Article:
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Port Authority Bus Terminal at Eighth Avenue and 42nd Street
The Port Authority Bus Terminal is the main gateway for interstate buses into Manhattanmarker in New York Citymarker. It is operated by the Port Authority of New York and New Jersey.

The bus terminal is a large building located in Midtown, one block west from Times Square, between 8th and 9th Avenues and 40th and 42nd Streetmarker at 625 8th Avenue. It serves as a terminus and departure point for both commuter bus routes as well as for long-distance intercity routes. During Rush hour, the terminal's two-mile (3 km) bus lane brings buses from New Jersey directly into the building through the Lincoln Tunnel, avoiding traffic tie-ups and delays on city streets (but not necessarily on the ramps into the terminal). Direct underground passageways connect the terminal with the , , , , and New York City Subway lines.

The terminal is the biggest bus station in the United States and the busiest in the world by volume of traffic. It serves 7,200 buses and about 200,000 people on an average weekday.

History

The Port Authority Bus Terminal began operation on December 15, 1950 for passengers, originally occupying only the block between 40th and 41st Streets. The terminal was intended as a solution for an array of various terminals spread throughout Midtown Manhattan. The goal was to centralize the flow of buses and create a user-friendly building.

The building has seen expansions and revitalizations over the years, most notably the addition of the North Wing in 1979. While this expansion increased capacity by 50%, the accompanying renovation replaced the art deco styling of the original terminal with a "modern" steel-and-glass look of the sort fashionable during the late 1970s and early 1980s for institutional buildings.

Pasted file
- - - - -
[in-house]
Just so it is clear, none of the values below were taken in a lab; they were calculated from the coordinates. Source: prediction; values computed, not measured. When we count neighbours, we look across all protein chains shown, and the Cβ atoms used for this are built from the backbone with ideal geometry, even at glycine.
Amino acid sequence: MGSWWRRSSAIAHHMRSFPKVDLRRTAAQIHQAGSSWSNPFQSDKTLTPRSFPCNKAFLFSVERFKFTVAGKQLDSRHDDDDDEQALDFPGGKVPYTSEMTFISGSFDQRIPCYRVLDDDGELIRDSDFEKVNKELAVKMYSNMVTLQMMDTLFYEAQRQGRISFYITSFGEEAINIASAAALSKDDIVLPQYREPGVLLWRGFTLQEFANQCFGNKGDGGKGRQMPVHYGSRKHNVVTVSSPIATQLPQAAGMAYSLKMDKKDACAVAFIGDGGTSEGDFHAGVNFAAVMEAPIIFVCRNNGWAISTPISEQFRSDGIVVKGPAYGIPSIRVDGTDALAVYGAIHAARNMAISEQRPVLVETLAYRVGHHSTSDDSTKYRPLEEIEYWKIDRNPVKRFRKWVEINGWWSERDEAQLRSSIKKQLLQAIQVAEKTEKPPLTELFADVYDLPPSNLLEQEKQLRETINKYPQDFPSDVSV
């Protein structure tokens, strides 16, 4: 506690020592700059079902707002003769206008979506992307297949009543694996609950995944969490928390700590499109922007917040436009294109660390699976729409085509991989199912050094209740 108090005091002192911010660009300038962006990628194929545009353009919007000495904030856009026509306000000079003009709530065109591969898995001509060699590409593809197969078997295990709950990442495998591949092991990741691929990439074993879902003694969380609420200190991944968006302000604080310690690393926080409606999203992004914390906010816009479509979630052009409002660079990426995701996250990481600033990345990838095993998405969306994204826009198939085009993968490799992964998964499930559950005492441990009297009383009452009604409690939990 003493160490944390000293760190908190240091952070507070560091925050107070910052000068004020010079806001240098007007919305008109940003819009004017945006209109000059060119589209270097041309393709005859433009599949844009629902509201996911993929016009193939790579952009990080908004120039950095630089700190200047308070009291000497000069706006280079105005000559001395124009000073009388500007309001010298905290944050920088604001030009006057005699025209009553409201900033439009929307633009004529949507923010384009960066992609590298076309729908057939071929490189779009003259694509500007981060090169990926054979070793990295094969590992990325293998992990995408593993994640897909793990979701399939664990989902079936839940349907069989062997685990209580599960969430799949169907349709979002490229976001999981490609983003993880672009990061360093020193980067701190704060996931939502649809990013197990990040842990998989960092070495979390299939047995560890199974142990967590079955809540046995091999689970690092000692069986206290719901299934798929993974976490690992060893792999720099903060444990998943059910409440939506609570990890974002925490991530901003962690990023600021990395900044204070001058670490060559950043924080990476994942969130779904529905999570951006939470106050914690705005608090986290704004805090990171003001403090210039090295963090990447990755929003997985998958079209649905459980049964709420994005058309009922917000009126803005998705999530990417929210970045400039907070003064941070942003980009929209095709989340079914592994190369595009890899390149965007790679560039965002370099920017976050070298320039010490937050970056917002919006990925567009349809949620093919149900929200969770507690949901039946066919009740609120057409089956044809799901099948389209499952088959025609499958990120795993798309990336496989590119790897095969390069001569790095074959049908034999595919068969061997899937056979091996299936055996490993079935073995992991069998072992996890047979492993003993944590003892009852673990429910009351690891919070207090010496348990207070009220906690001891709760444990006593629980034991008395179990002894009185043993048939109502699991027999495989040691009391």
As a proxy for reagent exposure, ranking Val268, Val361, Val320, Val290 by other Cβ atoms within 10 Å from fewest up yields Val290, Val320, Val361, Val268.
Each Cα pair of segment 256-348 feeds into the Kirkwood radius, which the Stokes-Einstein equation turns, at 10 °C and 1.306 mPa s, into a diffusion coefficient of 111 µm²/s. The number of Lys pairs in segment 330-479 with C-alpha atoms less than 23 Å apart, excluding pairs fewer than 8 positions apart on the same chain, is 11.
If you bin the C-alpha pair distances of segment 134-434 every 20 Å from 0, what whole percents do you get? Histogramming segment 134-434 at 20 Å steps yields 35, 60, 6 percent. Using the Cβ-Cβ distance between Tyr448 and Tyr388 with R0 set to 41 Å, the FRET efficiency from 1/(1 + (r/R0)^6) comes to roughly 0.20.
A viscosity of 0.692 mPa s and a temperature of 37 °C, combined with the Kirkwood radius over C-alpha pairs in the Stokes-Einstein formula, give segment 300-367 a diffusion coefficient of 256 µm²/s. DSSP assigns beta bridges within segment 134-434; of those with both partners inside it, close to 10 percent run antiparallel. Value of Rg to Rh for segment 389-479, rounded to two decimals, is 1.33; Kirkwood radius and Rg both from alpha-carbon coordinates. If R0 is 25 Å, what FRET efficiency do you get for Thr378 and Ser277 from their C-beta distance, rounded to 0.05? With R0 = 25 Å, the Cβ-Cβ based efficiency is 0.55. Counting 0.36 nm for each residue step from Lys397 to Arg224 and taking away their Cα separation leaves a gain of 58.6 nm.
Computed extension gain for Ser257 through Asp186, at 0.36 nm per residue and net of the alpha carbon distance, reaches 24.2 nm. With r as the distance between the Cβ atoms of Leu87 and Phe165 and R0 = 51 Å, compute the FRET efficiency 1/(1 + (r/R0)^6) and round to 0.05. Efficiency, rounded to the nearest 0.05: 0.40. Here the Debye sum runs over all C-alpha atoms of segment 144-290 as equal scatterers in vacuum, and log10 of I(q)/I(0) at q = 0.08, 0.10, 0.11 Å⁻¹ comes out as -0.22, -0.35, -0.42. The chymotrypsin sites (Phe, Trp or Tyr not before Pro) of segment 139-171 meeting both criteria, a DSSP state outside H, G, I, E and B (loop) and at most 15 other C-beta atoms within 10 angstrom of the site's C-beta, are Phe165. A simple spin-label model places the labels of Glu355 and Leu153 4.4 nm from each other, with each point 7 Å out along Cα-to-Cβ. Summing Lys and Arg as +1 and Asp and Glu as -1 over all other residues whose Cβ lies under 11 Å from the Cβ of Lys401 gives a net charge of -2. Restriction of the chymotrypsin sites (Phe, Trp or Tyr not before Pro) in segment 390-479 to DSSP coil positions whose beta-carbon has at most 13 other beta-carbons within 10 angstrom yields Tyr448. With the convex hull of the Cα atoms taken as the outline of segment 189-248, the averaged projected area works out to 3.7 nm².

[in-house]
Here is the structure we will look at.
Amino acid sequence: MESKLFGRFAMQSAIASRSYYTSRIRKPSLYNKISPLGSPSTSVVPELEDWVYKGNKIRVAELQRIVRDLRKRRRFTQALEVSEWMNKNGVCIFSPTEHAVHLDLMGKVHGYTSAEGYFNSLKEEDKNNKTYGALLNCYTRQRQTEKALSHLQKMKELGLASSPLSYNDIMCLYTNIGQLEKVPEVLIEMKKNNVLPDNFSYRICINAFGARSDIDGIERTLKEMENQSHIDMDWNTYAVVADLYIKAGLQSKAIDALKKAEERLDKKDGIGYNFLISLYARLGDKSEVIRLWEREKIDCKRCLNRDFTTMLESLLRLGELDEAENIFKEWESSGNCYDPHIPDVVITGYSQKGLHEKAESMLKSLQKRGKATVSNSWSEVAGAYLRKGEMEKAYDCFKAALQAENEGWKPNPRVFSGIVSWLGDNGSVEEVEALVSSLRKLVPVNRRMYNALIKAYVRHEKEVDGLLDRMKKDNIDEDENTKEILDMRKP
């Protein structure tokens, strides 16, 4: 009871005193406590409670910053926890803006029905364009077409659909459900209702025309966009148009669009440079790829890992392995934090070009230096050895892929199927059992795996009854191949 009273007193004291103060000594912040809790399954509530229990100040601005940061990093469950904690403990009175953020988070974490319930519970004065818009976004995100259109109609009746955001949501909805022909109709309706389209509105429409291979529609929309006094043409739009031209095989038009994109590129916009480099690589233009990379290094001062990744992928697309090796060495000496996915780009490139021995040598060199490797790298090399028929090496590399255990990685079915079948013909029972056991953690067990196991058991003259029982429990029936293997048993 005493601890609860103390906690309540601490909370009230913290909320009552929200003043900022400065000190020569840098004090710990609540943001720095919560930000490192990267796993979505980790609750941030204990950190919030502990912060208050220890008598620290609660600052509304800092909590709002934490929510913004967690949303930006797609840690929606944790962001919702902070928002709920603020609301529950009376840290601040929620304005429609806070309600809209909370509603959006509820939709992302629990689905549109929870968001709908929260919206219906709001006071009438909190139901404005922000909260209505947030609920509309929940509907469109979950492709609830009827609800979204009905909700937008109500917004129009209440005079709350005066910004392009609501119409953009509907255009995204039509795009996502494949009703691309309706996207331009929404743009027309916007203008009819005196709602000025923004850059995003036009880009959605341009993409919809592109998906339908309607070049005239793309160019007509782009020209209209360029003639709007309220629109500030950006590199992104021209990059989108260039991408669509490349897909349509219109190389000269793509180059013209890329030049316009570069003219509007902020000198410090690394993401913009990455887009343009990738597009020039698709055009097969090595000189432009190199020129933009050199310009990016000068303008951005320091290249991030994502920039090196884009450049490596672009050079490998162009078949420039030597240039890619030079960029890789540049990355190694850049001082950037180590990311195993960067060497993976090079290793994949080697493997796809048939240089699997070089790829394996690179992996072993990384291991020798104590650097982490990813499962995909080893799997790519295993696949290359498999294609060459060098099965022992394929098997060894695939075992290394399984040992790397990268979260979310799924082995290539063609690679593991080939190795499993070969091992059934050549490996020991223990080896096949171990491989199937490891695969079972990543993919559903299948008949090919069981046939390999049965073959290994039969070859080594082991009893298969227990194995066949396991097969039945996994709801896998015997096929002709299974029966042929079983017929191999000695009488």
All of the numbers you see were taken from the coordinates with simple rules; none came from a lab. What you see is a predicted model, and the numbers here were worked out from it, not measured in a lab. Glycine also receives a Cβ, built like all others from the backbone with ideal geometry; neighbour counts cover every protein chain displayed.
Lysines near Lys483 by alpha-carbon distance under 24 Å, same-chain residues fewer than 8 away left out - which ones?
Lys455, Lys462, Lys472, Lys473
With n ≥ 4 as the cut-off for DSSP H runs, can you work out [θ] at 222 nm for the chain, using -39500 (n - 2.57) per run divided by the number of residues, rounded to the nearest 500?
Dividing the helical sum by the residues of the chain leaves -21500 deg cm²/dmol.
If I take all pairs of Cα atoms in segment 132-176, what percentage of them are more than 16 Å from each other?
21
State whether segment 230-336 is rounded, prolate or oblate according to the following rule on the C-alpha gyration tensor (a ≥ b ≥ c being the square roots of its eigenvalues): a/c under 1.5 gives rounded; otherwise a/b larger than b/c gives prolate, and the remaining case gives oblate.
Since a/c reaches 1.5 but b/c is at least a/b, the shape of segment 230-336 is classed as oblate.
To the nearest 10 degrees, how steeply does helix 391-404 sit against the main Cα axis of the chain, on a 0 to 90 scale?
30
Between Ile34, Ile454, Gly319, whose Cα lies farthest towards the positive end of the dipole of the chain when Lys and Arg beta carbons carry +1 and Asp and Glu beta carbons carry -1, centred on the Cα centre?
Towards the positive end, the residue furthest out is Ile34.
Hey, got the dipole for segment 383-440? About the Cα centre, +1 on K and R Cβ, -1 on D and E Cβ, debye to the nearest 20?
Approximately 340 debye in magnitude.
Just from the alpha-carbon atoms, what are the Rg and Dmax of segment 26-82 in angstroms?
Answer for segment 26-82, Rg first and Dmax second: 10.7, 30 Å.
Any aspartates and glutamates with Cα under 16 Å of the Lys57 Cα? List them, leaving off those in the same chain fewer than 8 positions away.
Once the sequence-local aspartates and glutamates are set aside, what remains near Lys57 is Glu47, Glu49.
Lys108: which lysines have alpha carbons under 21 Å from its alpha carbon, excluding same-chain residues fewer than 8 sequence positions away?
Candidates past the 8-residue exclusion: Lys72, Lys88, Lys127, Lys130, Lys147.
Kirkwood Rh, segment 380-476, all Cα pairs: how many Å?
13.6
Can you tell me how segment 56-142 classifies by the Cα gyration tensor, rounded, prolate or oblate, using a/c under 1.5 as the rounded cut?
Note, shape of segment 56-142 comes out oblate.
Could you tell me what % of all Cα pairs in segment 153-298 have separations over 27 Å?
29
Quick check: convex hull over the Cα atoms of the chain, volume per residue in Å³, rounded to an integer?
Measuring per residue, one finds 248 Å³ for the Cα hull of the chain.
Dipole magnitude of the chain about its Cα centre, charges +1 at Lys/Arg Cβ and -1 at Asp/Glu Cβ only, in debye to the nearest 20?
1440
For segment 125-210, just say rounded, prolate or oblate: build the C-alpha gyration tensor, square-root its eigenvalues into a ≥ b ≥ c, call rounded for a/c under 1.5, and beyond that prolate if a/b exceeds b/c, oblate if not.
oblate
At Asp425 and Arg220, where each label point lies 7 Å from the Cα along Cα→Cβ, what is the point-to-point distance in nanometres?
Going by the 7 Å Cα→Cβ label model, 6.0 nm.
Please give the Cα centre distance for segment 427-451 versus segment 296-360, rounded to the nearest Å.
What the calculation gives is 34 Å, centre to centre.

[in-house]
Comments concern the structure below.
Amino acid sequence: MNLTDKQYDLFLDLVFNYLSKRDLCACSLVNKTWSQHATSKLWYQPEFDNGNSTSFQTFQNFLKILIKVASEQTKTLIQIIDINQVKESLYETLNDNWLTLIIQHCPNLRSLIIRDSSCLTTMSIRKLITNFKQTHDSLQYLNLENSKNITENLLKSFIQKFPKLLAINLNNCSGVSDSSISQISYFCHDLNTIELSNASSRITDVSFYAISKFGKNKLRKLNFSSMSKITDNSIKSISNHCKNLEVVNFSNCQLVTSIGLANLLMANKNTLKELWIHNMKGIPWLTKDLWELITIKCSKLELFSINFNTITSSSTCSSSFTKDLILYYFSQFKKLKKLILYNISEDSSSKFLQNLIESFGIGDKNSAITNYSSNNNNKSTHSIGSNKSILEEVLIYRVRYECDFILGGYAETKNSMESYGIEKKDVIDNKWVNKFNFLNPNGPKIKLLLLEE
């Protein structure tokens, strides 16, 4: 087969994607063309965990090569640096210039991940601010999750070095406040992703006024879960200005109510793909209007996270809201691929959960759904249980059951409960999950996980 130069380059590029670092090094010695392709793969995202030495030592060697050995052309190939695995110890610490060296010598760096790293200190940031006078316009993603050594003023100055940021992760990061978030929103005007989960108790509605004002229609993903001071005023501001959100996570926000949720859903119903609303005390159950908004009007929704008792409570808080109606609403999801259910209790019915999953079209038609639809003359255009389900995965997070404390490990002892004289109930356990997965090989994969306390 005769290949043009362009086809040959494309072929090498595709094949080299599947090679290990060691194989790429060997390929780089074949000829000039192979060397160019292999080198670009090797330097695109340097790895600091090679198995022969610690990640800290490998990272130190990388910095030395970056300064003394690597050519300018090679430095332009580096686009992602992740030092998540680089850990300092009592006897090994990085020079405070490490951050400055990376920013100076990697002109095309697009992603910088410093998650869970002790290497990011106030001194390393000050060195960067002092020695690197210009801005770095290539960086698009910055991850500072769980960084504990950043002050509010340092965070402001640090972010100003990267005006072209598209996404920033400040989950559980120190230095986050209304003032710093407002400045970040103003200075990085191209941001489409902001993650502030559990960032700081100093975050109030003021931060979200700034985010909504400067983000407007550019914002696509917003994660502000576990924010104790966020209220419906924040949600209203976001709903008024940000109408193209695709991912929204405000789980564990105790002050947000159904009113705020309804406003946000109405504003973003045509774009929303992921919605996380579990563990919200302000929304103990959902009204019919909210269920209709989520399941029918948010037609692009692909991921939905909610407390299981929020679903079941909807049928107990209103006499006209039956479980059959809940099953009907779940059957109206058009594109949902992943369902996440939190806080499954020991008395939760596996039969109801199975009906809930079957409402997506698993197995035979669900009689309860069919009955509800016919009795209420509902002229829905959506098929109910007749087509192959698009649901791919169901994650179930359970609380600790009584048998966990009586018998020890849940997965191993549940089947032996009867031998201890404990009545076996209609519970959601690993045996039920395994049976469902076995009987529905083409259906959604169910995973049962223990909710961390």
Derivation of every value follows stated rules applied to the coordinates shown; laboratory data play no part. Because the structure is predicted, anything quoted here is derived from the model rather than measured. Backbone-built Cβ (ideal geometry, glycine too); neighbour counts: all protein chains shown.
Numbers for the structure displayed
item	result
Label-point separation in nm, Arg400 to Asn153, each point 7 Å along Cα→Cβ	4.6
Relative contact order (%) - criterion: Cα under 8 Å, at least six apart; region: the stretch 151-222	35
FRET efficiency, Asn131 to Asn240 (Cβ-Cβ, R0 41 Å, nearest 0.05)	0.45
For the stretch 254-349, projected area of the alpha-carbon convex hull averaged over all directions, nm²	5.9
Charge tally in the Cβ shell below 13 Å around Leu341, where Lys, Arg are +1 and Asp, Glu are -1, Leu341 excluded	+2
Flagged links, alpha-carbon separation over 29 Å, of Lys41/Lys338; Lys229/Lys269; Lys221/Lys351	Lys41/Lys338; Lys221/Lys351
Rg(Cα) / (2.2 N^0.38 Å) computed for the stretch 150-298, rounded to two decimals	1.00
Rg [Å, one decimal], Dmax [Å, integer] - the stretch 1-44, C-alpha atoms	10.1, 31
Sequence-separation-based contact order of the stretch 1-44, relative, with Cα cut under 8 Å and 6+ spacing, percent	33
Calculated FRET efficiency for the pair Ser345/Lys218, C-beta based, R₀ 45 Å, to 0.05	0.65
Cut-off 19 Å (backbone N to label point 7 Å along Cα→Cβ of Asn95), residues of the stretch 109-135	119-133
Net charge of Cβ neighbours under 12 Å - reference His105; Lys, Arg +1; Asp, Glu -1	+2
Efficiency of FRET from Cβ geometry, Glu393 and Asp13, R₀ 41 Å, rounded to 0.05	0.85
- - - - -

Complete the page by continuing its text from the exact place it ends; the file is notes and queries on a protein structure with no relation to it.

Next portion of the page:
The area around the Port Authority Terminal was once considered dangerous even by the standards of pre-gentrified Times Square, especially after dark, but this is no longer the case. During 1997, the terminal was the subject of a study, co-ordinated by Prof. Marcus Felson of Rutgers University, which identified strategic changes to the design with a view to reducing crime. This is one of the world's leading examples of successful situational crime prevention efforts.

A statue of Jackie Gleason in the guise of one of his most famous characters (and New York's most famous bus driver), Ralph Kramden, stands in front of the main entrance to the original South Wing on Eighth Avenue. The plaque on the base of the statue reads, "Jackie Gleason as Ralph Kramden - Bus Driver - Raccoon Lodge Treasurer - Dreamer - Presented by the People of TV Land."

An overbuild of the Port Authority Bus Terminal was first proposed in 1999. A 35-story building known as 7 Times Square was to be constructed over the north wing and a driving range was to be constructed over the south wing. However, the project was put on hold due to a decline in the economy following the dot com bust. On November 30, 2007, the Port Authority announced that a joint venture of the real estate investment trust Vornado and the Ruben Companies would lease the air rights over the terminal's north wing and construct a 40-story office tower with of commercial space. The agreement also included the addition of of new retail space in the bus terminal, as well as 18 additional gates, which would accommodate 70 additional buses, carrying up to 3,000 passengers per hour. New escalators would be installed to help move passengers more quickly between the gate area and the ground floor. Construction was expected to begin in 2009 or 2010 and take four years to complete.

On November 14, 2008, Reuters reported that Virtualtourist listed the PABT as one of the "World's Top 10 Ugliest Buildings and Monuments."

Bus companies

As of 2007, the following bus companies serve the terminal, many via the Lincoln Tunnel:
Coach USA subsidiaries:


See also



References

  1. Port Authority Press Release November 30, 2007
  2. Port Authority of NY & NJ: Bus Routes and Carriers


External links




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